Strike Against General Motors is One Front in a Much Larger Class War

Labor News

David Garcia, a United Auto Workers member who is employed at the General Motors Co. Flint Assembly plant in Flint, Michigan, pickets outside of the plant as they strike on September 16, 2019. (JEFF KOWALSKY/AFP/Getty Images)

Reprinted from In These Times by Sean Crawford and Maximillian Alvarez on September 18, 2019.

“Nearly 50,000 General Motors (GM) auto workers left their posts and marched off the job en masse late Sunday night,” write Sean Crawford and Maximillian Alvarez in In These Times. “Since then, it’s been all able bodies to the picket line. The strike is on.

“With negotiations between GM and the United Automobile Workers (UAW) leadership hitting an impasse, the 2015 GM collective bargaining agreement expired at midnight on September 15. The UAW officially announced the strike after local union leaders from around the country convened on Sunday morning. The ensuing images of workers (including a coauthor of this article) hitting picket lines this week glow with an electric air of worker solidarity. From afar, one gets the sense of an undivided union showing its strength—united in the fight from top to bottom. But the view from the pavement tells a very different story.

“Far from a unified front, the largest strike against GM in over a decade reveals something that everyone sitting at the bargaining table in Detroit knows and fears: The divide between the UAW leadership and the rank and file has never been wider. Much of this has to do with revelations from an FBI corruption probe implicating former and current union officials in alleged misdeeds, including rampantly misappropriating union funds and abusing the trust of their members. With news that even current UAW President Gary Jones is being investigated for corruption, anger and frustration among workers is palpable. And their feelings towards GM executives aren’t any rosier.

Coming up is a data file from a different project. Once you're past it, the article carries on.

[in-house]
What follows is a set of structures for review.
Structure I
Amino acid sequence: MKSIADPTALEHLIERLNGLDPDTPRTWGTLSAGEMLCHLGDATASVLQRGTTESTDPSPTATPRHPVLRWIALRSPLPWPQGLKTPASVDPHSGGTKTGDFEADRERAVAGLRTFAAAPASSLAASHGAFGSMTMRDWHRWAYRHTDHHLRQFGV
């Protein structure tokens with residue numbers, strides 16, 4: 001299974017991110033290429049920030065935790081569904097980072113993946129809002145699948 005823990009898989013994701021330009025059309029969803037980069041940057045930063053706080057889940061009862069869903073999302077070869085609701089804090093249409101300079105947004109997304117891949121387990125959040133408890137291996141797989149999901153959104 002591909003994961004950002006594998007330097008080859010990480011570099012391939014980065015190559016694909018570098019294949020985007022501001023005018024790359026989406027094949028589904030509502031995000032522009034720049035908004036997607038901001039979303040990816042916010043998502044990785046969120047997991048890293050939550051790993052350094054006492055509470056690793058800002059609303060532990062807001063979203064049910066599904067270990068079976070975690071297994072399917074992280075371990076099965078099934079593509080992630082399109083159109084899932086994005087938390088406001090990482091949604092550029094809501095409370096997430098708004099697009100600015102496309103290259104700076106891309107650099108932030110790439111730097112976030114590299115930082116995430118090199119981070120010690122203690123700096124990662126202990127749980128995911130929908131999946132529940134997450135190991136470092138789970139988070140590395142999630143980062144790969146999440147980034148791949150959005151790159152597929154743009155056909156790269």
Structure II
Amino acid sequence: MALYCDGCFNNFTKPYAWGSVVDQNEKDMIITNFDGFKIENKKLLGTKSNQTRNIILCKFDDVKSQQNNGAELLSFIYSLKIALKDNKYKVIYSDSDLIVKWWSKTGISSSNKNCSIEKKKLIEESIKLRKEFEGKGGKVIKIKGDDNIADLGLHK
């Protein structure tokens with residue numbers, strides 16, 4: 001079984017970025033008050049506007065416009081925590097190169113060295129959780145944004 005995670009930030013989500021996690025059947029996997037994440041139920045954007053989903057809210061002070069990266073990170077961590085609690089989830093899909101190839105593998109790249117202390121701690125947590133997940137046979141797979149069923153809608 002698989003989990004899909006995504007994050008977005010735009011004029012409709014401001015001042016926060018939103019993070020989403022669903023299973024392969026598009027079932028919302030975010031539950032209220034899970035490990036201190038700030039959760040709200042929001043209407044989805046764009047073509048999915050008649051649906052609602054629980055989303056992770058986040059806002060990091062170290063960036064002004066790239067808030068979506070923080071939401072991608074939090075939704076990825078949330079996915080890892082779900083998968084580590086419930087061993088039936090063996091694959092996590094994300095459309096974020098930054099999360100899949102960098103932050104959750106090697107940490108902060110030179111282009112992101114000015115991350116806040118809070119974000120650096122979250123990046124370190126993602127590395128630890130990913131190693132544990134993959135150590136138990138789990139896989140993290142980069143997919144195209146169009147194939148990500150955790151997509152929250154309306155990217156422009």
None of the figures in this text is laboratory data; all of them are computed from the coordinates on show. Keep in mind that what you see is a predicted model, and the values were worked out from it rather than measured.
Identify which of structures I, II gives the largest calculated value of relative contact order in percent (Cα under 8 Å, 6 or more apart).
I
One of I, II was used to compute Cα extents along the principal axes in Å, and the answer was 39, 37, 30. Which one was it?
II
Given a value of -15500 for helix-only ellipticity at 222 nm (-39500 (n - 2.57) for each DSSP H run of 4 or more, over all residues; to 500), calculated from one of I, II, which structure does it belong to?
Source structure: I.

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“Workers have watched GM haul in major profits after having been bailed out by the public (to the tune of $11.2 billion) during the Great Recession—and kept afloat by the sacrifices its own employees agreed to make. Among those sacrifices was the introduction of a tiered wage system, which allowed GM to bring in more low-wage and temporary workers to do the same jobs for a lot less money. An ostensibly temporary fix that GM has more or less made permanent, this tiered system sows divisions on the shop floor, and UAW members want it gone.  …

In These Times 9/18

About Jeffrey Burman 5132 Articles
Jeff Burman served on the Guild’s Board of Directors from 1992 to 2019. He is now retired. He can be reached at jeffrey.s.burman.57@gmail.com.

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